Changing Faces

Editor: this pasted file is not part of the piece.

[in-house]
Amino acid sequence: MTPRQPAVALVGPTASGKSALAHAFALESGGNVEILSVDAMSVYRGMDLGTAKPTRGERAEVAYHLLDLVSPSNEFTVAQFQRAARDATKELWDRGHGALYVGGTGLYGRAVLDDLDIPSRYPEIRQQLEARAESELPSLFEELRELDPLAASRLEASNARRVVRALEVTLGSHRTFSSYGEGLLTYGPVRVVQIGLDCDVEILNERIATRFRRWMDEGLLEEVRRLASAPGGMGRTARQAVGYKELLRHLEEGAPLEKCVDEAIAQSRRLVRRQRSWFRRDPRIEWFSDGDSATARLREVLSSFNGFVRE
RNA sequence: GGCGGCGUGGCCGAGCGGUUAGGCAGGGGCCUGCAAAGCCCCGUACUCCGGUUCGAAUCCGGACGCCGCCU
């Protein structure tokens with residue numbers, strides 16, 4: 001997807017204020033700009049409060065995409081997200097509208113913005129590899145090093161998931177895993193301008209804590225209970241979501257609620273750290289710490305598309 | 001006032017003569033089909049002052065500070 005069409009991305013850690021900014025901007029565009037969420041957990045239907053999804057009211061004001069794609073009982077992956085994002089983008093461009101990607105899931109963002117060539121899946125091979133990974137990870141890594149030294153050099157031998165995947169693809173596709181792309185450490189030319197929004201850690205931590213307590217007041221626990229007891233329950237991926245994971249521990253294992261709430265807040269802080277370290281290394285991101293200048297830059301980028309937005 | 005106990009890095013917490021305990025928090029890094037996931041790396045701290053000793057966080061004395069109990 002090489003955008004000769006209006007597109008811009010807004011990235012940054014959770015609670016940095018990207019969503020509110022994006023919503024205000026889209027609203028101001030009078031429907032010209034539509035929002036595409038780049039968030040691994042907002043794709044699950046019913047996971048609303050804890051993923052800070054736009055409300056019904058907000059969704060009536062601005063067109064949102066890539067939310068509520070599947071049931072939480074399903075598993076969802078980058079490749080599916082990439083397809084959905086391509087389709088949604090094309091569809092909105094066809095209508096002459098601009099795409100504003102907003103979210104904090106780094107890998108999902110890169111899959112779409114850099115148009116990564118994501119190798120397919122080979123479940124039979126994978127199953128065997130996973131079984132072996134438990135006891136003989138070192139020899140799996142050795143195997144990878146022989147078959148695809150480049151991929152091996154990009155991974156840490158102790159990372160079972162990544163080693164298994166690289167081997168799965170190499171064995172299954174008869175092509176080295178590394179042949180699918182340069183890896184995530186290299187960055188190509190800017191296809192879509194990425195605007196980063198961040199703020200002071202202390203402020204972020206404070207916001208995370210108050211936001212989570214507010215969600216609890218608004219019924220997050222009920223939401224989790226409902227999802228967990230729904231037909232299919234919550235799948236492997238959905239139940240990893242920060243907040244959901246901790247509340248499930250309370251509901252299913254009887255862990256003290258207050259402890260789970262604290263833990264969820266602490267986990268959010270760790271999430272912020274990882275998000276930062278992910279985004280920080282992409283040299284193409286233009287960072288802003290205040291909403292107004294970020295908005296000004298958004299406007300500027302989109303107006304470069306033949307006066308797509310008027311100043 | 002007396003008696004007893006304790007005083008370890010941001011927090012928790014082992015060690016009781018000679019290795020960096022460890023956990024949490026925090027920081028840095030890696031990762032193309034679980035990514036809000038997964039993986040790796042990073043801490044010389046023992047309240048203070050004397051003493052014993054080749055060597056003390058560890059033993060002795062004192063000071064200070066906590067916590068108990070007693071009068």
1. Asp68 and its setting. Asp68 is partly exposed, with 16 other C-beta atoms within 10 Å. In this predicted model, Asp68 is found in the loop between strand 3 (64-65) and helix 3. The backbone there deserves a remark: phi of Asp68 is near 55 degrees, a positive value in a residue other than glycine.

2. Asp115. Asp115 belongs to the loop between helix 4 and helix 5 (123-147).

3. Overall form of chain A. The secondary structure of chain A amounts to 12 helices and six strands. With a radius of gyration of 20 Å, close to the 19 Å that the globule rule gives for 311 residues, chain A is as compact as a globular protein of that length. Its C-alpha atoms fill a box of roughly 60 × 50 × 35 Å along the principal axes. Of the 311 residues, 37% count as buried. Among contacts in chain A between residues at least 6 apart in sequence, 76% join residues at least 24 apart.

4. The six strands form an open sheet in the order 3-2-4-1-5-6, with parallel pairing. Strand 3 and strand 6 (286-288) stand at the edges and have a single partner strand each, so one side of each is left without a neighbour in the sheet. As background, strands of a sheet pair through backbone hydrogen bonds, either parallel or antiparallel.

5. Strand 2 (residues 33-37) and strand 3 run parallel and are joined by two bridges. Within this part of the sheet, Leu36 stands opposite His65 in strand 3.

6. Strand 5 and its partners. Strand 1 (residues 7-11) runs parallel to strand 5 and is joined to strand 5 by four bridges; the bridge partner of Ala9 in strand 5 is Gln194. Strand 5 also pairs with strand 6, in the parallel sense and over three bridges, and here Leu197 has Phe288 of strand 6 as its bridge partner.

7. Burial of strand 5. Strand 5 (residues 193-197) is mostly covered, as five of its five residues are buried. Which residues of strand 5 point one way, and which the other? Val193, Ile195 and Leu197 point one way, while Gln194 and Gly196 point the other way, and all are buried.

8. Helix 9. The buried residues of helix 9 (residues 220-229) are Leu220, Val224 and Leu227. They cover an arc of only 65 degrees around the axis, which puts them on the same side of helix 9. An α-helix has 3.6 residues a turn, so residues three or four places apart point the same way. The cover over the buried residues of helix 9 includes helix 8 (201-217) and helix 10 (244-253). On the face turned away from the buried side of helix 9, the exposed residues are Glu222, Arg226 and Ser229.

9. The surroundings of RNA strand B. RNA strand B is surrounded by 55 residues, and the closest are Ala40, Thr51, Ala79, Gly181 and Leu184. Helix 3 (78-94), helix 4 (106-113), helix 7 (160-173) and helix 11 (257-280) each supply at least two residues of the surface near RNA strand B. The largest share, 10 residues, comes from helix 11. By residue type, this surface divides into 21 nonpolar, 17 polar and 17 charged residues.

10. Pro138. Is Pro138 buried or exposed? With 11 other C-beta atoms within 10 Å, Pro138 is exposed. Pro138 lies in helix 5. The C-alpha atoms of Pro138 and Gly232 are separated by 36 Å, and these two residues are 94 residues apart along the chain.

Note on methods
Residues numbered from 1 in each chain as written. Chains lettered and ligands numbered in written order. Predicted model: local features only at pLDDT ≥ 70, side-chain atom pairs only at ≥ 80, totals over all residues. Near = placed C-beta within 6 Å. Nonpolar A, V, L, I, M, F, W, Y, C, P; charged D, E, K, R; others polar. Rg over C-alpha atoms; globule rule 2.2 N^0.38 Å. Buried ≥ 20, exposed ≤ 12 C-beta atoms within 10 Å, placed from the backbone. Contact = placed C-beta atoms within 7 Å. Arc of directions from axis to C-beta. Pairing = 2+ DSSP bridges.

As the fashion world prepares for a mass upheaval of creative directors, Shane Cullen discusses the consistency at stake at major design houses.[br]It has been a busy year for big name fashion labels, both on and off the catwalk, with new faces being drafted into the creative director roles of global giants Calvin Klein and Dior. The upheaval within the fashion houses has insiders and enthusiasts alike wondering whether this change in direction will be reflected in the brands’ image, raising the question of consistency within the houses.After months of speculation, Calvin Klein announced that Dior’s former creative director Raf Simons would be taking over as chief creative director of both women’s and menswear. Meanwhile, Dior announced that Maria Grazia Chiuri, designer and former co-creative director at Valentino, would replace Simons.Taking to social media to announce the appointment of Simons, Calvin Klein’s CEO Steve Shiffman said that the change in creative director was “momentous”.  He also explained it was reflective of the “back to basics” and minimalistic approach the fashion house had when Mr. Klein himself was CEO of the company.Dior have also found themselves in the midst of a revival, as Maria Grazia Chiuri has now taken on the role of creative director for the French fashion house. An historic announcement for the designer, Maria’s appointment makes her the first female creative director in the house’s 60-year history. Chiuri is no stranger to a creative director role as she previously worked alongside Pier Paolo Piccioli for Valentino, and is renowned for the success and growth of Italian fashion label Fendi.This ongoing movement within the creative director roles prompts the question of brand consistency. Nonetheless, this is a fashion line we are talking about, where there is a constant image change from season to season. For Dior, there has been high anticipation for Chiuri’s new collection. Vogue writer Sarah Mower has praised the designer for the “romantic renaissance” pieces that she created and designed alongside Piccioli for Valentino. Dior has been renowned since its inception for its sophisticated yet edgy femininity, so finally having a female designer at the helm, especially one who championed the studded stiletto at Valentino, is sure to bring a modern twist to a classic silhouette.It is also an exciting time for Calvin Klein as Raf Simons is responsible for bringing a modern image to Dior during his four-year reign; most notably for securing celebrity ambassadors, including Oscar-winner Jennifer Lawrence. Simons’ move may be the perfect match, as both he and Calvin Klein share a modern image vision. Calvin Klein also have a fresh faced and youthful line-up of A-list ambassadors, with the likes of new-scene model Kendall Jenner and Justin Bieber modelling for the range, thus allowing for that brand consistency, even if it is under a new authority.Within the coming months, all eyes will be on both fashion houses as they unveil their new line-ups under new imagination. Can Chiuri make Dior a third time triumph? Will Simons make #MyCalvins, his Calvins while also maintaining the momentum of his own eponymous label? Calvin Klein is a fashion house known for its sartorial minimalism, while Simons as a designer, who was credited with bringing a minimal edge to Dior, is notoriously understated without being boring. In truth, Raf has the potential to be better than Calvin Klein himself.